Mutagenesis in mice and rats using mobile DNA

Presented by:

Dr. David Largaespada, Professor, University of Minnesota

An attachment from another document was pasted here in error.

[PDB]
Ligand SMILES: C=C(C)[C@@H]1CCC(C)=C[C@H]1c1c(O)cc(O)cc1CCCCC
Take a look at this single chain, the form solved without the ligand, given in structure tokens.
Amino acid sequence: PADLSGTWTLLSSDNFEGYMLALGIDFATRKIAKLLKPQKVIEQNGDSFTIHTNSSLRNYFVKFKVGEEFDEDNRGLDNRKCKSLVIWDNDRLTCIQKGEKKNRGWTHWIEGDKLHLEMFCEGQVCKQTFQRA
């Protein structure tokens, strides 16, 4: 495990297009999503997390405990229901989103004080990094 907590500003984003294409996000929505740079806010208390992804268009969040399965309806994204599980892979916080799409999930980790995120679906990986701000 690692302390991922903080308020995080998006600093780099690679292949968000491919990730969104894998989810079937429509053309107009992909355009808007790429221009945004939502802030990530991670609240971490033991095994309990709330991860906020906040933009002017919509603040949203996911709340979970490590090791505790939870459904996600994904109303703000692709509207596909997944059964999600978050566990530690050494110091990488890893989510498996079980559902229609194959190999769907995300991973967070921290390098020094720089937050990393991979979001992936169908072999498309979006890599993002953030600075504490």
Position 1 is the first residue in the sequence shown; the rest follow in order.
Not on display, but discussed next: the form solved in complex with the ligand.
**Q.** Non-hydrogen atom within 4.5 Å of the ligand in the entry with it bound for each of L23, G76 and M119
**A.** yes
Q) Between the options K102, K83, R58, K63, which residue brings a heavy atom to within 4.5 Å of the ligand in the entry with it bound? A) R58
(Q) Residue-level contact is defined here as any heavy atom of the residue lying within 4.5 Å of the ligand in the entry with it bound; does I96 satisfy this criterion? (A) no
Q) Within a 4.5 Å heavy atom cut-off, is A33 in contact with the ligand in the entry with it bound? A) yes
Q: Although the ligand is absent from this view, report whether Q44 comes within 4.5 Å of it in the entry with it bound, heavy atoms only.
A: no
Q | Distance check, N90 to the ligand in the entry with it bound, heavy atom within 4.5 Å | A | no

Transposons are being used as tools to further initiatives to create comprehensive resources of mutant mice and rats strains. The Sleeping Beauty (SB) transposon system is one such tool. Other transposable element systems also function in mice and rats. Novel germline insertion mutants can be generated by mobilizing transposon vectors from microinjected plasmids into chromosomes of single cell embryos, or by mobilizing transposon vectors from donor loci in developing germ cells of transgenic mice. Due to its tendency for local hopping, SB has been proposed as a method for regional saturation mutagenesis of the mouse genome. We have investigated SB as a tool for regional, saturation insertional mutagenesis in a forward-genetic screen for recessive lethal and viable mutants on distal mouse chromosome 11. We recovered visible and behavioral mutants, as well as a high frequency of recessive lethal mutations. Surprisingly, we discovered that most of the lethal mutations belonged to one of two complementation groups and arose as a result of local genomic rearrangements caused by transposon mobilization. These chromosomal rearrangements include inversions, deletions, and insertions of large segments of the donor concatemer and adjacent DNA into another chromosome. We have observed similar results with multiple donor concatemers and also during somatic cell transposition. Our results show that these types of genetic lesions often occur in conjunction with local transposition events in chromosomes. Our data indicate that while SB mobilization in the germline can generate transposon insertion-mediated phenotypes, additional phenotypes can result from associated genomic rearrangements. We conclude that local saturation mutagenesis of the germline will require measures to eliminate recurrent chromosomal deletions from such a screen. Alternatively, genome-wide, transposon-mediated forward genetic screens might be possible, but are only going to be practical after improving the germline transposition rate. In contrast, our data indicates that the SB system is ideally suited to forward genetic screens for cancer genes. The system requires creating mice that harbor both a transposon array of the insertionally mutagenic SB vector, T2/Onc, and express the transposase enzyme in the target somatic tissue. If transposition can induce cancer, then tumor DNA is studied by cloning insertion sites. These insertion sites are analyzed and we look for T2/Onc insertions at reproducibly mutated genes. Results from ubiquitous and tissue-specific transposon mutagenesis for cancer gene discovery will be presented.

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